Approximately 40% of the water supply to the city of Bhopal in Madhya Pradesh comes from Upper Lake. Until 1947, the water quality of Upper Lake was so good that it required no treatment before supply to the public. However, due to the tremendous population growth of the city (from 70,000 in 1951 to 1.4 million in 2001) and rapid urban development, the lake has been subject to various environmental problems.
The Government of Madhya Pradesh implemented an integrated lake conservation program (1995-2004) that included a sewerage scheme based on the diversion, treatment and disposal of sewage outside the lake catchment area.
Due to undulating topography, work involved the laying of 68.73 km trunk sewer line and 24.78 km force mains; construction of as many as 10 large and 5 small sewage pump houses; as well as 4 waste stabilisation ponds for the diversion and treatment of the sewage. Emphasis was placed upon low cost, labour intensive and less energy requiring treatment technology in order to minimise operation and maintenance costs.
The State Public Health Engineering Department (PHED) was primarily responsible for the planning and designing of the scheme. The Bhopal Municipal Corporation (BMC) was to be responsible for the operation and maintenance of the scheme. Subsequently a division of PHED under the control of the Project Directorate implemented the scheme, with the understanding that the scheme would be handed over to the BMC on completion.
In 2000, the BMC passed the by-laws making it mandatory for house owners to make individual sewerage connections to the new system. However, at the end of the project period in 2004 when the sewerage system was to be handed over to BMC, the BMC refused to take over the responsibility of operation and maintenance of the system.
The Government consequently decided to allocate a budget directly to PHED, on the understanding that it would take over the responsibility of operation and maintenance of the system through one of its divisions. However, progress in ensuring individual household connections to the main sewer lines has been poor, due to lack of willingness on the part of BMC to cooperate with the PHED.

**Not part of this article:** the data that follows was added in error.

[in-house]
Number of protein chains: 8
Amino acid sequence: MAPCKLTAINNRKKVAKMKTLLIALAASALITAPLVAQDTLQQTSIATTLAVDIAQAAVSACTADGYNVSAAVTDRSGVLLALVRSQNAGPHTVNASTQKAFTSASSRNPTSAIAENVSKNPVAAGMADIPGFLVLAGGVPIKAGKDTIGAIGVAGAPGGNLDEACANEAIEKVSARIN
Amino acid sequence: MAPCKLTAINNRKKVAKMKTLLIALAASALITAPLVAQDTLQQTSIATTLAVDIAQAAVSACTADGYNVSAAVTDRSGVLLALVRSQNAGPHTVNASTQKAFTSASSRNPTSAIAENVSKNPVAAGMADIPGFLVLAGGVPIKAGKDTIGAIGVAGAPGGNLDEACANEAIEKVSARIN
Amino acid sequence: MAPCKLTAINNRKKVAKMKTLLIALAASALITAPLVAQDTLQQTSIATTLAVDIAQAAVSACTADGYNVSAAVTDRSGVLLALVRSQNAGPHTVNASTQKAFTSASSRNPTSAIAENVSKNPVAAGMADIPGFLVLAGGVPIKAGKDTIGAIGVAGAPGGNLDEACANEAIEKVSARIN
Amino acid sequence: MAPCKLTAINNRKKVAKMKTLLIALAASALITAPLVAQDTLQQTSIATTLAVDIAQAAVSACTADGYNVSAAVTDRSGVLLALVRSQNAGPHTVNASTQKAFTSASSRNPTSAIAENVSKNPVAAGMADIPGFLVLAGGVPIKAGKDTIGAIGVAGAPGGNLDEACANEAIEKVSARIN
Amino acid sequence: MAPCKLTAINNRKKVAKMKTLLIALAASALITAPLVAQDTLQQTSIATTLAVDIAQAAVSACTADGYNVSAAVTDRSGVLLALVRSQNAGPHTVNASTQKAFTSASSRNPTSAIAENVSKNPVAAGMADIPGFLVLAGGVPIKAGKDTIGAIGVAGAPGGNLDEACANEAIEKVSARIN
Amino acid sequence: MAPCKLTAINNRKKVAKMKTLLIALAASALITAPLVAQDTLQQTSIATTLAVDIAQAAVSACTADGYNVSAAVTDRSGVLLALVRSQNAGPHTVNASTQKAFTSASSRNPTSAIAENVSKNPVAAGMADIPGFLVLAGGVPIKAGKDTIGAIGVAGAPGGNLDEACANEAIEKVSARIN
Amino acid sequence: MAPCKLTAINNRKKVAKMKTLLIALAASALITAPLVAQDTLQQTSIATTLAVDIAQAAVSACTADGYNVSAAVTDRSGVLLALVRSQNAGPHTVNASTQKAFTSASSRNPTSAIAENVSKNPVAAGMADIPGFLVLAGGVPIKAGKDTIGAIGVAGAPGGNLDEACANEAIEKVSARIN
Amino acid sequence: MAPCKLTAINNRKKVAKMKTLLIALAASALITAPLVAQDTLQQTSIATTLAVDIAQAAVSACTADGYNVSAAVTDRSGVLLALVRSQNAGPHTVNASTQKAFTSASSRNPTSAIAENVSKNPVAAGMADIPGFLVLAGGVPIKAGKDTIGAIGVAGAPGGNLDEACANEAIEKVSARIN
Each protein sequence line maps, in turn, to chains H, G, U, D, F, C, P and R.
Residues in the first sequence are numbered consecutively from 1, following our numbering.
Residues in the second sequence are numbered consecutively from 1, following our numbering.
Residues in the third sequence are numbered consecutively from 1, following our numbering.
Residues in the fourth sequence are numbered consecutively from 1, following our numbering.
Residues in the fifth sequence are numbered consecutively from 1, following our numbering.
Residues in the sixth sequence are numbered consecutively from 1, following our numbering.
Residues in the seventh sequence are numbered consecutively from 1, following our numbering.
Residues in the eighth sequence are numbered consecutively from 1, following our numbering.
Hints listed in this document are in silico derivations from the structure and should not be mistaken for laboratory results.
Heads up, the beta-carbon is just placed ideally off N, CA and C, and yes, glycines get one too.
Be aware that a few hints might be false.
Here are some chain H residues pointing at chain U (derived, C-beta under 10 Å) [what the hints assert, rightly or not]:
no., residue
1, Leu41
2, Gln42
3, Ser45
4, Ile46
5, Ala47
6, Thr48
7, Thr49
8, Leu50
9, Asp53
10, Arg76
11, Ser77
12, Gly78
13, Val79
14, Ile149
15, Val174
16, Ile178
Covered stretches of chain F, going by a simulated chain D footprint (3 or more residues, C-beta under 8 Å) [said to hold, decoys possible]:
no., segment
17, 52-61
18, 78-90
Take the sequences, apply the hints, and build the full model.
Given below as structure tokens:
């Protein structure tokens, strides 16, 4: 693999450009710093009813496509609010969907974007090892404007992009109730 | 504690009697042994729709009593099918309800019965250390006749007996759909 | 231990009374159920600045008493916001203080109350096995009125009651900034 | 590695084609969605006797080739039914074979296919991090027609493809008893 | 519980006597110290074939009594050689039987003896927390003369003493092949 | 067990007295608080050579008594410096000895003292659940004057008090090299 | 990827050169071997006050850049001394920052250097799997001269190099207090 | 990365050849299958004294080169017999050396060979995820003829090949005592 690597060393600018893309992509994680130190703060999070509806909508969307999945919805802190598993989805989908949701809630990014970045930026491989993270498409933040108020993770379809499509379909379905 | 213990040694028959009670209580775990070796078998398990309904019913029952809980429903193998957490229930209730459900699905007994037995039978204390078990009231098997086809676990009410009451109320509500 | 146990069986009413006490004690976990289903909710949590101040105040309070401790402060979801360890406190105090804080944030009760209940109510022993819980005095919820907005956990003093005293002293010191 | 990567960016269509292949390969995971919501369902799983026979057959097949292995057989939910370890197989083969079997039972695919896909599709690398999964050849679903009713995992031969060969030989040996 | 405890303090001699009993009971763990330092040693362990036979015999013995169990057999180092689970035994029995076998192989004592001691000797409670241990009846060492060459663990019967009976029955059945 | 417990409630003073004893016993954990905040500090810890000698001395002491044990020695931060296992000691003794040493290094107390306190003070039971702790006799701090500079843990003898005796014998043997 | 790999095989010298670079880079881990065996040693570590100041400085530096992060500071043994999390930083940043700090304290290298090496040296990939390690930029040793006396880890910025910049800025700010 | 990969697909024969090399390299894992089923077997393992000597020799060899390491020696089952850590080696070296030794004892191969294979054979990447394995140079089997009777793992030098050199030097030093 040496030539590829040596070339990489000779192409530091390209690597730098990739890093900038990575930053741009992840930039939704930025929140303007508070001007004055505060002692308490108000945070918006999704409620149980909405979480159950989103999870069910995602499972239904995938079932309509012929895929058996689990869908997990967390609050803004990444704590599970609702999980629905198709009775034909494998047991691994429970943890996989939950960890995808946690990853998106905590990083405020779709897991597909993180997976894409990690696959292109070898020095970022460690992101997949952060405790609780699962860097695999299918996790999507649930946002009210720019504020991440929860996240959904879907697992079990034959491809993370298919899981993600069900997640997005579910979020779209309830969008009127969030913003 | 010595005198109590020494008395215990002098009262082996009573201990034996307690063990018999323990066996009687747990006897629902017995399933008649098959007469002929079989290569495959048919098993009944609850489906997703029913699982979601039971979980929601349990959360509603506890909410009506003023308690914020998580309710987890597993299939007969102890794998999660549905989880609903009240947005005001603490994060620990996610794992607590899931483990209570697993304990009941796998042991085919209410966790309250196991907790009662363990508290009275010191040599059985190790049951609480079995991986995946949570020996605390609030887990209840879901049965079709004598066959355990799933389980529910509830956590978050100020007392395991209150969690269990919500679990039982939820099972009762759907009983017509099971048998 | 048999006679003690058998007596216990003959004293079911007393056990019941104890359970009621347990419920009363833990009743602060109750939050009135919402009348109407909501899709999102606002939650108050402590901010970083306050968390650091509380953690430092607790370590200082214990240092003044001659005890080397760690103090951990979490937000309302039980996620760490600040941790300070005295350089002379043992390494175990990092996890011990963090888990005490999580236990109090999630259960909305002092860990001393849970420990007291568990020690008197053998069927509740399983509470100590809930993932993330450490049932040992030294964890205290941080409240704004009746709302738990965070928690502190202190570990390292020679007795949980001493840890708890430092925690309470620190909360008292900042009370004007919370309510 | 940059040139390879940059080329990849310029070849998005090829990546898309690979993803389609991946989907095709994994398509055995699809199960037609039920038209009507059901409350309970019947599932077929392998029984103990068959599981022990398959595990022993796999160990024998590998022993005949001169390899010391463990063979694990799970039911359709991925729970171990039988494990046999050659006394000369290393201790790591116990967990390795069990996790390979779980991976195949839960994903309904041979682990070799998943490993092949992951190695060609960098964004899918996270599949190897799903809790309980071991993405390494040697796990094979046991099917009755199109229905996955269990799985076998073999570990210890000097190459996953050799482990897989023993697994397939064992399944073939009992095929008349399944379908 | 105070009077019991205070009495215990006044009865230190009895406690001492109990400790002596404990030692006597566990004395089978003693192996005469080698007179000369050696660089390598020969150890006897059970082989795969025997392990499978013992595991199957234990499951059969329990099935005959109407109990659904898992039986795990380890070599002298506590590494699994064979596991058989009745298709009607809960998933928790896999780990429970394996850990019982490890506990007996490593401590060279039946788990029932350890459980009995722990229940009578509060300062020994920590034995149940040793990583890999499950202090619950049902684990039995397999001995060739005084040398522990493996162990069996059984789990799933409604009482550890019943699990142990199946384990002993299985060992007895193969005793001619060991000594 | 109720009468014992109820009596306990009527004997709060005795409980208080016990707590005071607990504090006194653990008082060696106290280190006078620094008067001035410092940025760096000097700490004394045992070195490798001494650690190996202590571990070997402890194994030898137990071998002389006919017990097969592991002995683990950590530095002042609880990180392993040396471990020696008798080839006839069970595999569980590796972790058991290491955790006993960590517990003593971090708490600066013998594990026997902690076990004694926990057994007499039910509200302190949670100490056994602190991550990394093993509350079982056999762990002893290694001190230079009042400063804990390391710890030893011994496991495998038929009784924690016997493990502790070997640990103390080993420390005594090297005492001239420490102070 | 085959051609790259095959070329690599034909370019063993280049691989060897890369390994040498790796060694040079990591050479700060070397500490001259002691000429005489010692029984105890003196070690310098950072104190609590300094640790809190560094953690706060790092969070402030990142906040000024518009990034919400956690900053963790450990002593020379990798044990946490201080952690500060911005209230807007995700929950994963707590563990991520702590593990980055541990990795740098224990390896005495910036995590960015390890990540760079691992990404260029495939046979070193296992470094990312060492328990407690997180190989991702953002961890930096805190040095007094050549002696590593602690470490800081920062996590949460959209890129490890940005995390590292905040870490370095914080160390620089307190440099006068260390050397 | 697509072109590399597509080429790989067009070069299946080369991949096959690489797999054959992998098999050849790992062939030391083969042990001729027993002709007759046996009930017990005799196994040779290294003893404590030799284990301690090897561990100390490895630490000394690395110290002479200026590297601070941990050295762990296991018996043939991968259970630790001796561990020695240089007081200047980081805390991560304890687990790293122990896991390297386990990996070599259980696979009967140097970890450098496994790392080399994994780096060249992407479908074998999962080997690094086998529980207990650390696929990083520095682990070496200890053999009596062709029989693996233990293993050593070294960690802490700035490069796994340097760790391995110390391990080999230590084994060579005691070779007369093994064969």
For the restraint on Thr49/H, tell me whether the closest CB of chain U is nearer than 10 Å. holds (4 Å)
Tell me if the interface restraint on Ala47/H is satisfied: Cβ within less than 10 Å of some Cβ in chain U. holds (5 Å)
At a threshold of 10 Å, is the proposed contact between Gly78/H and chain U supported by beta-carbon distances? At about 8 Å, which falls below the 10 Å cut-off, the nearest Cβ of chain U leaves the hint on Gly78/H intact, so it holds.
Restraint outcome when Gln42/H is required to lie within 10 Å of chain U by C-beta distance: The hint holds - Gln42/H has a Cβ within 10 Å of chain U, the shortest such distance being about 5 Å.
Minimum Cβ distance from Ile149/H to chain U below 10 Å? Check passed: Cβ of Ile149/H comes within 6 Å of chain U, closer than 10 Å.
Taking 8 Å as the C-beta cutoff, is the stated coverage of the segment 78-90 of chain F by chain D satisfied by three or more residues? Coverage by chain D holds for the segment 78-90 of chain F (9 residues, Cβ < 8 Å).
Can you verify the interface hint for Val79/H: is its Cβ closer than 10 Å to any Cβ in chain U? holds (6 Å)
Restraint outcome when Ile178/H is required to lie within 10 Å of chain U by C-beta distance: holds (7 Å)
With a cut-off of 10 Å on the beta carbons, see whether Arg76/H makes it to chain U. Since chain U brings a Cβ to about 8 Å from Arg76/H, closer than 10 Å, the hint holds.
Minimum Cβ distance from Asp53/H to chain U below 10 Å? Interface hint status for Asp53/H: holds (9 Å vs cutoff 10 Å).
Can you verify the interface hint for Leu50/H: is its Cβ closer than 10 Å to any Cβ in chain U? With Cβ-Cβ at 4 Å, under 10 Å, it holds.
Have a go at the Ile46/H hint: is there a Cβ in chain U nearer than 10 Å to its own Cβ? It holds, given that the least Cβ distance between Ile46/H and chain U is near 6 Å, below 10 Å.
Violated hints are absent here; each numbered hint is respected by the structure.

Urban local bodies have the mandate for providing sanitation services and generate resources for operation and maintenance of the system. In this case the BMC had enacted the by-laws for individual connections well in advance. The manner in which the Municipal Corporation did a volte-face of its earlier decision reflects on its lack of ownership towards the project.
There should have been a separate platform for consultation among the Project Directorate, BMC & public representatives of the wards where the sewerage system was being implemented. This would have enabled the negotiation of an amicable solution for implementing household connection as per the bye laws of BMC.
Local bodies lack expertise and technical manpower for development works related to sanitation. Therefore, the relevant government departments execute the schemes and then hand over the works for operation and maintenance by the local body.
In the process it is easy for the urban local bodies to become disconnected from the process leading to problems in the future.
Importance of the case for IWRM
The case demonstrates that all the stakeholders, especially, Urban Local Bodies and the public representatives should be involved in the decision making from the very beginning of such projects, and a public information campaign seems a must to persuade them to cooperate with the government and the urban local bodies to improve the local environment.